For example, Apple is held up as a great example of free market capitalism because it vigorously maintains a monopoly and extracts rents at every turn to generate massive profits which are not paid to workers or in taxes, but it then blames government for failing to provide it with the employees with high skills and experience in the US, and for limiting its ability to import workers from high tax, high spending on education nations.

If you try to use Apple products in ways Apple does not approve, they disable your product, and getting your product you paid for free of Apple's grasp is called a jail break.

Or the coal industry in the Appalachian States where the corporations control everything from the water you drink to the air you breath to the land under your feet. And it's the coal corporation who has your interests at heart, not the rebellious individual whor is organizing a union or seeking to protect a pure water spring or their home on the mountain side from destruction.

Government in India does for its favored sons the taking of property that the "free market capitalists" demand corporations in the US be able to do, like taking private land by a Canadian corporation to build the Keystone XL pipeline.

One difference. Indians vote for the top officials in the Indian government who make the laws and run the government. The Indian people own the government.

Every effort to have the owners of corporations elect the corporate officials who set the rules and run it are opposed ten times more by the management than the existing officials in the Indian government.

What does Apple have a monopoly on?

If you pull at that thread, you might unravel his entire argument.

Technology freed the miners from the mines. Now we have oil and gas. Innovation always destroys monopolies. In fact, monopolies form their own petard.

Also check out this powerful track from this movie, composed by academy-award winner A R Rahman:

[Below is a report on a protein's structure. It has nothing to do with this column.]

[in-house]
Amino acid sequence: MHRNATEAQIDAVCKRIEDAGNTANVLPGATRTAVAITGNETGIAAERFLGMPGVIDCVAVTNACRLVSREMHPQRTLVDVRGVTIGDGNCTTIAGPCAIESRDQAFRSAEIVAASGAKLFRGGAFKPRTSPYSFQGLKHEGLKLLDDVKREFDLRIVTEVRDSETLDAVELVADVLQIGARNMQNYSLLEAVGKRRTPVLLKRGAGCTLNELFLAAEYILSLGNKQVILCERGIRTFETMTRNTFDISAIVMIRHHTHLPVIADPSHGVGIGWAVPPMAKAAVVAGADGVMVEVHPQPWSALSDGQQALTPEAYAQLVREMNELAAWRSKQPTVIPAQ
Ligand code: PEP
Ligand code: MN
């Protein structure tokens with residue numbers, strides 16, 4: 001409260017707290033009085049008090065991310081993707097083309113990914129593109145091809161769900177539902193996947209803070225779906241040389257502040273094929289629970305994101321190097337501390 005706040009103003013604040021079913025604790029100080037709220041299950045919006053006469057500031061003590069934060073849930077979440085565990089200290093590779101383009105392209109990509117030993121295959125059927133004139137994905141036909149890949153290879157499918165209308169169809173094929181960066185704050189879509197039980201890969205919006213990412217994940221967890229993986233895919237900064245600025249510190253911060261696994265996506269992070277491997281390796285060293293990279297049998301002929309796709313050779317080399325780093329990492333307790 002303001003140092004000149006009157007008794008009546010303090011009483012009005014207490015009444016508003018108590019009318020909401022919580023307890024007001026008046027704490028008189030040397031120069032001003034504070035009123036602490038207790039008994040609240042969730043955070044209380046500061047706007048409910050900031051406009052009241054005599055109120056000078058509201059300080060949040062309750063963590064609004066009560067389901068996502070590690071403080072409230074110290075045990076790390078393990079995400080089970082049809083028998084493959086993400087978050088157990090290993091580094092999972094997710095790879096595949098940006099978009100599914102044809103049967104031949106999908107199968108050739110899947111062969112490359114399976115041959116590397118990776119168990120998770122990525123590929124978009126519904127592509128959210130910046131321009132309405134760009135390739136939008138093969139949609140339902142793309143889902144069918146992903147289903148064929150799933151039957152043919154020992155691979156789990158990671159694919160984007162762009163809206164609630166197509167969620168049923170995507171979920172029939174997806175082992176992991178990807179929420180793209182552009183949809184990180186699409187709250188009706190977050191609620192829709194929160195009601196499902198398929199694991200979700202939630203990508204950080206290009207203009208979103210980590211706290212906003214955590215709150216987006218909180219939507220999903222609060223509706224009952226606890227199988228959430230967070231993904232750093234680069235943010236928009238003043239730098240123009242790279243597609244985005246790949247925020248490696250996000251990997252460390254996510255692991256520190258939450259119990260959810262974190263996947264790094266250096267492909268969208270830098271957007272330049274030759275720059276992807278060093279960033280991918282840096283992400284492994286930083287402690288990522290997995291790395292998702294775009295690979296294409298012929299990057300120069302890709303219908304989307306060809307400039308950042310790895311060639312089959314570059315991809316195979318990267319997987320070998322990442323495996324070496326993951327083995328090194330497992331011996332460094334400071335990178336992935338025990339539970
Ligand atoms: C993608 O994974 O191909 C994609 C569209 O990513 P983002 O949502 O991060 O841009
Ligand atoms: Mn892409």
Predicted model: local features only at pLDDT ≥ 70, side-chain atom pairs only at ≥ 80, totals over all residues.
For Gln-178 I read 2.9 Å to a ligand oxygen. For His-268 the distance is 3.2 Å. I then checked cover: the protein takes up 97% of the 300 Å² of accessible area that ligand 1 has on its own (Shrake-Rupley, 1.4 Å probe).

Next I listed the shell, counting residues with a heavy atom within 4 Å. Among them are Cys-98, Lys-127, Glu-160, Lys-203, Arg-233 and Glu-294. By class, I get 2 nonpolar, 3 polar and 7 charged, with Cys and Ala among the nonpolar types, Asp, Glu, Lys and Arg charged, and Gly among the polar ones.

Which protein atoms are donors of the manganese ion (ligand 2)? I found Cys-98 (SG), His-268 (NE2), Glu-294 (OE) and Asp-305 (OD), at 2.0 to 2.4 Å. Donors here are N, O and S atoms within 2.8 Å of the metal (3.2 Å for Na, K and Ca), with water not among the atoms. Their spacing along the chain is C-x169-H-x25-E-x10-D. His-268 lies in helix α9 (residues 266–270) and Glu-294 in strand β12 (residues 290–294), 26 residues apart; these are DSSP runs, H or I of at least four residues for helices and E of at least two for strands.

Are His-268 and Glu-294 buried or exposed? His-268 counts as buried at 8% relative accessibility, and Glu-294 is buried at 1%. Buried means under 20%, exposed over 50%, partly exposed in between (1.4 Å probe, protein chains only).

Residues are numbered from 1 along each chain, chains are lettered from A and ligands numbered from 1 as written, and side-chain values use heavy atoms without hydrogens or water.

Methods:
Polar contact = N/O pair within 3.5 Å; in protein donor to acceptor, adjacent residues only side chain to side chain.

I get this movie confused with The Love Guru.

Reform comes slowly to India. But as the economy opens up, it has the fastest growing middle class in the world. Without welfare.

What does economist know about free market? Not much, if anything of value at all. So...

You are bringing in the caste angle needlessly. Licence Raj had little to do with caste or religion. It mainly favoured rich incumbent businessmen no matter what their caste.

Desai is an upper caste surname. There is little reason to believe he faced any caste prejudice. Nor did Dhirubhai Ambani.

But yes, those with an aversion towards India and Hinduism do raise the caste bogey at the slightest pretext.

You're kidding right? Everyone knows Banias (Vaisyas) dominate the Indian business world, and naturally favor other banias, whether because of network effects or caste loyalty. Even in the supposedly liberalized Indian economy of today, most successful entrepreneurs are Banias. Recognizing this has nothing to do with an aversion towards India or Hinduism.

Banias dominate business for the same reason that Jews dominate academia, cutting-edge sciences, or the Irish dominate in politics or the Germans in beer-making in the United States.

They happen to be good at it.

It has little to do with "caste privilege"

And there is no dearth of brahmin businessmen or even Muslim businessmen in India. Narayana Murty, the founder of the leading Indian software company Infosys, is a Brahmi, not a Baniya. Azeem Premji, the founder of Wipro a rival firm, is a Muslim. Dr Reddys, a leading Indian pharma company, is promoted by Reddy's - a south indian shudra middle caste which is neither brahmin nor baniya.

Haven't seen the movie, but it seems like a well-done review.

Great to see notice being taken of a great director- Mani Ratnam- who is as good choreographing song and dance numbers as dealing with hot-button political issues.
Ratnam is a Tamil film maker. Tamil Nadu must be unique in that the Film industry took over Politics. Strangely enough, an American- Ellis Dungan- contributed to this extraordinary development. How it happened was this- Dungan was friends with a wealthy young Bengali at Film School. He followed his friend back to India to make movies in the Thirties. The Bengali concentrated on Bengali movies in Calcutta and left Tamil films, in Madras, to Dungan.
Since Dungan didn't know Tamil, he didn't interfere with his scriptwriters. This enabled an anti-Gandhian- Congress, anti-Brahmin, Rationalist- named Karunanidhi (later Chief Minister and head of the current opposition party) to present radical ideas. This enthused a younger generation of actors who were effective propagandists for the 'Dravidian' ideology which looked upon the puritanical and casteist Brahminical Religion as something imposed upon the South by the 'Aryan' North. Once the Dravidian movement embraced the Indian Union- this was because the movie stars spontaneously started fund-raising and doing morale boosting shows during the Indo-China '62 War- and the language issue (the spectre of forcible imposition of the North Indian lingua franca) was resolved- the Dravidian parties, led by Movie hit-makers, came into their own and monopolised Tamil politics.